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Fordham Woods

A wet valley woodland, a rare habitat in Cambridgeshire

Fordham Woods is a wet valley woodland with stands of alder trees, a habitat now rare in Cambridgeshire. It once formed part of the fen stretching past Fordham, where villagers cut reed for thatching and wood for fuel.

Alder, which is specially adapted to waterlogged ground, dominates the wettest places. It is our only native broadleaved tree to produce cones, and supports more than 90 insect species and many different fungi. At the reserve, alders are interspersed with willows, poplars and ash. Large bushes of dark-leaved willow are found here – one of its few southern sites.

Beneath the trees there is a diverse ground flora that includes marsh-loving flowers such as foamy white meadowsweet and bright pink ragged robin. In pools among the reeds and sedge are yellow splashes of iris and marsh-marigold.

We remove sycamores to allow the alder to regenerate, and cut back the reedbed on rotation to prevent reversion to woodland.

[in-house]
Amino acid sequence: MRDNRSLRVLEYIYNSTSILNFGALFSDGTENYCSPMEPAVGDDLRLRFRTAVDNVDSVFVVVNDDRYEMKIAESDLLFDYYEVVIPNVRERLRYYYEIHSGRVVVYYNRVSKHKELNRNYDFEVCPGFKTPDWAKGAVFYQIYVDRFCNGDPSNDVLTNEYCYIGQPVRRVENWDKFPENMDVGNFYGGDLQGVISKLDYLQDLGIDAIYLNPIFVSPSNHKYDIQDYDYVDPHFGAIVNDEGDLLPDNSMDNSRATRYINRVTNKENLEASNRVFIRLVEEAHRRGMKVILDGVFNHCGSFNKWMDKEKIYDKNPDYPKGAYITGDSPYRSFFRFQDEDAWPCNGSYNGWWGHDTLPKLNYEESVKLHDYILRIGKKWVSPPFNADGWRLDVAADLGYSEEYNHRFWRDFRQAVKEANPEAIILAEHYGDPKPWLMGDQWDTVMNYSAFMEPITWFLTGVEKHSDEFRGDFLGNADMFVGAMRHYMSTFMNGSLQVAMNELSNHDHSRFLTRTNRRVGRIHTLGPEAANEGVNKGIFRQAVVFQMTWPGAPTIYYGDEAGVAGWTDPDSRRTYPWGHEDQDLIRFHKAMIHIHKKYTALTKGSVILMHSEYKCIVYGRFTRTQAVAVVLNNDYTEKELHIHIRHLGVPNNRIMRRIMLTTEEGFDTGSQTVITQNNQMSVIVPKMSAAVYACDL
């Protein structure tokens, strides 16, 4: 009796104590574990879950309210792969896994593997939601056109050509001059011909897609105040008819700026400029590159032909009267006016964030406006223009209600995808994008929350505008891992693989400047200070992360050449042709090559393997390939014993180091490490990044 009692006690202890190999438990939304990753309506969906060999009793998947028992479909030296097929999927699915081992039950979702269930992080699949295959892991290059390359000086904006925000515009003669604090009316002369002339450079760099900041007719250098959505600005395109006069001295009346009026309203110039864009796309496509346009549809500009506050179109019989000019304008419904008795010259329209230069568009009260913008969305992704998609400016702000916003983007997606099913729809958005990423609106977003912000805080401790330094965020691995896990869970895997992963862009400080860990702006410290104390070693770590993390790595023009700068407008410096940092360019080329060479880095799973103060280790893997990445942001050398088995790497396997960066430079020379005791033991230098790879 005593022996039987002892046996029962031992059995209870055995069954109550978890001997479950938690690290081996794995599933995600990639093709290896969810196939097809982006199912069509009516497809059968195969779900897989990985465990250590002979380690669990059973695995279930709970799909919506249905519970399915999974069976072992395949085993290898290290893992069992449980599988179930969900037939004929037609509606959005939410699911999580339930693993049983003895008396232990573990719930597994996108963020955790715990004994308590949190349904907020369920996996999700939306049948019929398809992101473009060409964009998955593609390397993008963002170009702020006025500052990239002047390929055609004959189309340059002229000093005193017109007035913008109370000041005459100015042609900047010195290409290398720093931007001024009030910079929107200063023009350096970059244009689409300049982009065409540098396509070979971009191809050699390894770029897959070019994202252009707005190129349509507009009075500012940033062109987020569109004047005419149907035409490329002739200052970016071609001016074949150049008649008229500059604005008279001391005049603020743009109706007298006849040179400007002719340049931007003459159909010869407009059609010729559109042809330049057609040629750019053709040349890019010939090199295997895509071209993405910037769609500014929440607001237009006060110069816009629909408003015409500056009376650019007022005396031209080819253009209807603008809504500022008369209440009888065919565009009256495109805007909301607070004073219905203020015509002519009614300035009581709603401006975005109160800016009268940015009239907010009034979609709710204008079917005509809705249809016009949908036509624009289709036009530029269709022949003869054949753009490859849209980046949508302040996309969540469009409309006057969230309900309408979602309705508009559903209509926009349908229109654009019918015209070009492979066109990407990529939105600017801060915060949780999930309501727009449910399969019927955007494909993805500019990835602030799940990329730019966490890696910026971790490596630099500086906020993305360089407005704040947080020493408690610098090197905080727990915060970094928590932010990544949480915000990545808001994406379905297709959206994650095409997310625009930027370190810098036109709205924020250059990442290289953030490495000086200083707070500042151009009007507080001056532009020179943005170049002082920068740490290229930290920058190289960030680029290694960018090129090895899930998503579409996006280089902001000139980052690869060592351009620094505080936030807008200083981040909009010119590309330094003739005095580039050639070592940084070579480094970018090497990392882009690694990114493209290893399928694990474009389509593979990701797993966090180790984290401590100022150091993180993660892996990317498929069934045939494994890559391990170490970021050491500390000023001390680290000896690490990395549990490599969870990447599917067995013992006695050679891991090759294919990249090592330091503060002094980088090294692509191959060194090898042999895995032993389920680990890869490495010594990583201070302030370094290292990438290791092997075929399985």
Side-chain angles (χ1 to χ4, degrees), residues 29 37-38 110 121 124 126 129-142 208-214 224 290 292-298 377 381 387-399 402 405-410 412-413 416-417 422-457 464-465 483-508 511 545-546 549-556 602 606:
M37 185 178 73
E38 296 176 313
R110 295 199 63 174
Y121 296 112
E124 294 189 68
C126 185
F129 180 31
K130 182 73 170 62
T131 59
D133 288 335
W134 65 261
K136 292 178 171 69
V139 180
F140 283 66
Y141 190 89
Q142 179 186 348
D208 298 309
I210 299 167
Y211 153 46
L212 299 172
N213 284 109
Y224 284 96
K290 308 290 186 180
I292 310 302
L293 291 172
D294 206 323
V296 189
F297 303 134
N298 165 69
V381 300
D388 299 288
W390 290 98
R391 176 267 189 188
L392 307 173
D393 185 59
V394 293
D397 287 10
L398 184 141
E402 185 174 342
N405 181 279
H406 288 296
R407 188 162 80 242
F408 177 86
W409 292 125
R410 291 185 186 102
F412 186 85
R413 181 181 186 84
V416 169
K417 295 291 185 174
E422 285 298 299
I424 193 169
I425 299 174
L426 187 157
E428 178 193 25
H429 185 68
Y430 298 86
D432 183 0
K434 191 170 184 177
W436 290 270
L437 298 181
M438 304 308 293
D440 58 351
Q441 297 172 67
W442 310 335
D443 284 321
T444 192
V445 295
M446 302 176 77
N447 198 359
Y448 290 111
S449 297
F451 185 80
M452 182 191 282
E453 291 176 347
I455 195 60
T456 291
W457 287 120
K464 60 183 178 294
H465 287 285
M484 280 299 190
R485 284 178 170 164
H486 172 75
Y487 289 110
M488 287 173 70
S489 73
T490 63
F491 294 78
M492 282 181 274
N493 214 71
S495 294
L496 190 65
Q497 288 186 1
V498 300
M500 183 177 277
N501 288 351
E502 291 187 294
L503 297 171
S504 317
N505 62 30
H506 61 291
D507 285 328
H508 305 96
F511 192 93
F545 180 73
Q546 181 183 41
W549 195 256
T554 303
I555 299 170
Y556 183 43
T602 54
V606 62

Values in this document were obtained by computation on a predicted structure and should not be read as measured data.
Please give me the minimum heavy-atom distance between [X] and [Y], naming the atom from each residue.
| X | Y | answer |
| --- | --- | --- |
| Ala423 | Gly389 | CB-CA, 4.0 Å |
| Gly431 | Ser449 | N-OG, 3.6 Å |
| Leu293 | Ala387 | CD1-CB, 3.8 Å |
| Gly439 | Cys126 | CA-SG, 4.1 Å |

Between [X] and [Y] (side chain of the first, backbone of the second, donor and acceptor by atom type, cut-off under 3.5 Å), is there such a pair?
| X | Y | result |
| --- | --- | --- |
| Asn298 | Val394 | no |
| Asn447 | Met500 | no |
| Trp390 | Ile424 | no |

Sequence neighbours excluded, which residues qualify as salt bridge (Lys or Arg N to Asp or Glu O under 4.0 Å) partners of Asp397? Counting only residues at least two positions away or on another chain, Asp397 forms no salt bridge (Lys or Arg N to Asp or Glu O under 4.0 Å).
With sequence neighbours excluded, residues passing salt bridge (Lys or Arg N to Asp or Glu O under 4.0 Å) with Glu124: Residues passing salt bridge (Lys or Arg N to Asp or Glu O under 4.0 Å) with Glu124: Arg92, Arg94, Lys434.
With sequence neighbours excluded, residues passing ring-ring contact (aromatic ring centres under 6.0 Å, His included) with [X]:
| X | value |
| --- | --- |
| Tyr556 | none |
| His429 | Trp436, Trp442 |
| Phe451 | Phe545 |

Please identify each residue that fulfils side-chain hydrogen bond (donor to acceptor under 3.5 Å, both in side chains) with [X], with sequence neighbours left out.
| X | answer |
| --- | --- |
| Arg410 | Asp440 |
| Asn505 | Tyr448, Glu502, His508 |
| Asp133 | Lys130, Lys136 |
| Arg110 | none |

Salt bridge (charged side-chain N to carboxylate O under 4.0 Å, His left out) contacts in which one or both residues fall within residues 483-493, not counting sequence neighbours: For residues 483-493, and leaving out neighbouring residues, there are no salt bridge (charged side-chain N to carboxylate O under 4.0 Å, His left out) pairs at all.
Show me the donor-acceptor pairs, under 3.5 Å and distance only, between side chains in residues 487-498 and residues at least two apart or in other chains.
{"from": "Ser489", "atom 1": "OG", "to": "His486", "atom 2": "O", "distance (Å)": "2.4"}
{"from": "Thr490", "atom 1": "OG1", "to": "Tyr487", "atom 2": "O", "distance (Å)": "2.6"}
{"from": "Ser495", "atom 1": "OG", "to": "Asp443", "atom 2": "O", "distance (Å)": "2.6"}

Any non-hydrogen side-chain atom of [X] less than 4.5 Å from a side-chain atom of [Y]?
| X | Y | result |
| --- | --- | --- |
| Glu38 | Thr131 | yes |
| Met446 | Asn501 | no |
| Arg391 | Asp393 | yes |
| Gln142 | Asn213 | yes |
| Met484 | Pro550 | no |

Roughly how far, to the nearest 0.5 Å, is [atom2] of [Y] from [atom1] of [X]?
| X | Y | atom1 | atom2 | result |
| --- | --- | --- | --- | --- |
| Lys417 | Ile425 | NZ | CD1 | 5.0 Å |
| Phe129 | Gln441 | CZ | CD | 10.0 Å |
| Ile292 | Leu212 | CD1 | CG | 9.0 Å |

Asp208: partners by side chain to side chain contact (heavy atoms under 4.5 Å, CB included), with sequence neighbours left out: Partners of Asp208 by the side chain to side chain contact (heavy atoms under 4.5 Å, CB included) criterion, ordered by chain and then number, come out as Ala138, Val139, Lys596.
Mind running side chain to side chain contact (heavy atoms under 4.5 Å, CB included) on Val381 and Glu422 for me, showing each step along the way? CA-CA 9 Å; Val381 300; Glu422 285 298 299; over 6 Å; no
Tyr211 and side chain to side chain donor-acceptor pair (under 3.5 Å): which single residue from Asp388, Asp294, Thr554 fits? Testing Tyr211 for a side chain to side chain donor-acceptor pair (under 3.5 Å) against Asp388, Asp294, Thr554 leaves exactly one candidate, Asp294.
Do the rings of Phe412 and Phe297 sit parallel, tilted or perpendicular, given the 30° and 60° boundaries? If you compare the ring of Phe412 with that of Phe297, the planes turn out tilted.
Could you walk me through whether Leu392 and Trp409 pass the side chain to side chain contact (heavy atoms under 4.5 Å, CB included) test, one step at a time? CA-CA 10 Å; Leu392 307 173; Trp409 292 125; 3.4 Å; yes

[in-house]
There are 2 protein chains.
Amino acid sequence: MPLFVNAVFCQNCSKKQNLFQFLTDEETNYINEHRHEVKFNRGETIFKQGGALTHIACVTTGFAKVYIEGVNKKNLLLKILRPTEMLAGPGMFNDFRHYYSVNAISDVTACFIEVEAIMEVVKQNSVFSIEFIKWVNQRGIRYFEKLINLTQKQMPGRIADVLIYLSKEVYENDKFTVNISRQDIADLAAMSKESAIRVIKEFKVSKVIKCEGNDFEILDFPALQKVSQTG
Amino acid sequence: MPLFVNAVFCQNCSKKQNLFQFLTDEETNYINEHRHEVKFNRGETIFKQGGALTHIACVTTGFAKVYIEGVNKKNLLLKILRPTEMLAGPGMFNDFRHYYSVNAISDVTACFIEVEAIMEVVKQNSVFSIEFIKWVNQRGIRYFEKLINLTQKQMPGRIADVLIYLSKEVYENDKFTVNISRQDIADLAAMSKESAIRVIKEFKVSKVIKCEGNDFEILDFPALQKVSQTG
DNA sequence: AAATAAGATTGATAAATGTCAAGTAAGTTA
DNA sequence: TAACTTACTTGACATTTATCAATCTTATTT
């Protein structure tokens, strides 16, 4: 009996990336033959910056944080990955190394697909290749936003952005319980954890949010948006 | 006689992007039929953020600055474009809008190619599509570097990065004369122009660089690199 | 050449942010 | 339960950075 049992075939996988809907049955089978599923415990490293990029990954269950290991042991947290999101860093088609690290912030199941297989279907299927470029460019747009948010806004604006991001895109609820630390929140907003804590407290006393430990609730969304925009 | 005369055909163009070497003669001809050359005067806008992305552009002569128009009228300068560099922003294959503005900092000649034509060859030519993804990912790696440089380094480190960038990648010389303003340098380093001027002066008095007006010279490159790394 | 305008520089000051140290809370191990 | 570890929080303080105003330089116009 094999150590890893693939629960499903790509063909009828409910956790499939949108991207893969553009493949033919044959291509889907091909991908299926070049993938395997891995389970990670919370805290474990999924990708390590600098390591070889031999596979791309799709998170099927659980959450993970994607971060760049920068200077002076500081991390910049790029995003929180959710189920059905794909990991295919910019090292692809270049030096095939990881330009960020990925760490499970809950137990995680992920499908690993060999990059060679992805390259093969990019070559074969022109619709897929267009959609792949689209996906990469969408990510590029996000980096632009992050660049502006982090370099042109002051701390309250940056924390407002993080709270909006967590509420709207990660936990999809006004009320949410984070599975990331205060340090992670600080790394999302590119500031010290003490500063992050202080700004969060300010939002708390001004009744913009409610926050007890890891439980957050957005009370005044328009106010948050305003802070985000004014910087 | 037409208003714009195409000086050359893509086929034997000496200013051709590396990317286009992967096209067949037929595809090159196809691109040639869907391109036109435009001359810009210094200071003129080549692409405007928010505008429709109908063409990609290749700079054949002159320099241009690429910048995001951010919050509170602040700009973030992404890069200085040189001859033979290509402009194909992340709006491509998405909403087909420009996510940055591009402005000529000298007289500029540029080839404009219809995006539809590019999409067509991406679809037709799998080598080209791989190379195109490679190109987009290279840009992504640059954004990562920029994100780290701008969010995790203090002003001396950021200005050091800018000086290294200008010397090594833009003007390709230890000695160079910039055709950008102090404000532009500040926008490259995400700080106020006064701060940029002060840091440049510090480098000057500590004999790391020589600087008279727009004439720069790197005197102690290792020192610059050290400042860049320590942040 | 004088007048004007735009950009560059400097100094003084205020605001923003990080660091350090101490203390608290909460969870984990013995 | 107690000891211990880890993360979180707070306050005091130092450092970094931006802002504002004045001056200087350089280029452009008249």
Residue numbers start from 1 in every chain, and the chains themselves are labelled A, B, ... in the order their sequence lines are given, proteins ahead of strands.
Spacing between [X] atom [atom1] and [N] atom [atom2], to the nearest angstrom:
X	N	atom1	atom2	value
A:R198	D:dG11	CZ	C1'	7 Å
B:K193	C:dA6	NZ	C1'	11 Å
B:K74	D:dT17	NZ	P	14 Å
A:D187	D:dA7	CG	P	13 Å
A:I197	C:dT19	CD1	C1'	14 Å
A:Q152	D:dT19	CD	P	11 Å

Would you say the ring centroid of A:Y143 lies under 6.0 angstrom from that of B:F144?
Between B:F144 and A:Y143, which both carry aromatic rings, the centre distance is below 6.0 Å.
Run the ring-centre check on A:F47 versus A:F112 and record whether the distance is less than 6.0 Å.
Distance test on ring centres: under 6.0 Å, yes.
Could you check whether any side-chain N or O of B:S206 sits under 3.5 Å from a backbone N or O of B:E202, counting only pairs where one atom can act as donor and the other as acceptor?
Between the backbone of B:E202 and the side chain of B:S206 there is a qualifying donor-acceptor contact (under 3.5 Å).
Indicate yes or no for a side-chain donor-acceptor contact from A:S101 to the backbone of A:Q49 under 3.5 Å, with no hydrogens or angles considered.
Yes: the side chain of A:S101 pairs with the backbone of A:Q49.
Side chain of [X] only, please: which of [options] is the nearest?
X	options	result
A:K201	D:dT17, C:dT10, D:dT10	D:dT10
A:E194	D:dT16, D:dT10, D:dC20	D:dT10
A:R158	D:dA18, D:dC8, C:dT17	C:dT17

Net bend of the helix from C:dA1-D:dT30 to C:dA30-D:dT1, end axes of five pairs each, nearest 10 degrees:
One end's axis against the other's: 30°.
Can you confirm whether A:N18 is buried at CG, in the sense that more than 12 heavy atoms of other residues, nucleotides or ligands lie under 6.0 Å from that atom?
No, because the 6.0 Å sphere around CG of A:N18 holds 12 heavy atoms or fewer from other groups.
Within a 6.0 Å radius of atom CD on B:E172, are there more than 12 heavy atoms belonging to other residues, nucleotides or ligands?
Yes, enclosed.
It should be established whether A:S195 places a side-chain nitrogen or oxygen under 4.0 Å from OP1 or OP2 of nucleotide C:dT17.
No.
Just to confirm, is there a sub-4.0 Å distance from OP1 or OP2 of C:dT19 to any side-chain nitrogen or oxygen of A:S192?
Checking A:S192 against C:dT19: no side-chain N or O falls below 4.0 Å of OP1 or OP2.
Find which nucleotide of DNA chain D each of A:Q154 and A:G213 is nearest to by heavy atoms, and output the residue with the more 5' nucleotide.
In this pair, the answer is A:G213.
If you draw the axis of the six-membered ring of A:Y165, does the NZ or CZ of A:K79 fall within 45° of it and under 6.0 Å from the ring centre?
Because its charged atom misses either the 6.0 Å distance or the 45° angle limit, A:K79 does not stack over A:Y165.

The map below is for indication purposes only and does not show the Wildlife Trusts definitive land boundary.

Nearby nature reserves

Soham Meadow
2 miles - Wildlife Trust for Bedfordshire, Cambridgeshire and Northamptonshire
Norah Hanbury-Kelk Meadows
6 miles - Suffolk Wildlife Trust
Doghouse Grove
10 miles - Wildlife Trust for Bedfordshire, Cambridgeshire and Northamptonshire

Nature reserve map

Contains Ordnance Survey data © Crown copyright and database right 2012. For indicative purposes does not show exact boundaries.

Reserve information

3 miles north of Newmarket
Map reference
TL 632 700
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Opening Times
Open at all times
10.00 hectares
Walking information
Boardwalks feature but are narrow and can be slippery when wet. Southern circuit is more difficult
Park on roadside 1/4 mile after turning onto River Lane
Dogs under effective control
Grazing animals
Reserve manager
Tel: 01954 713500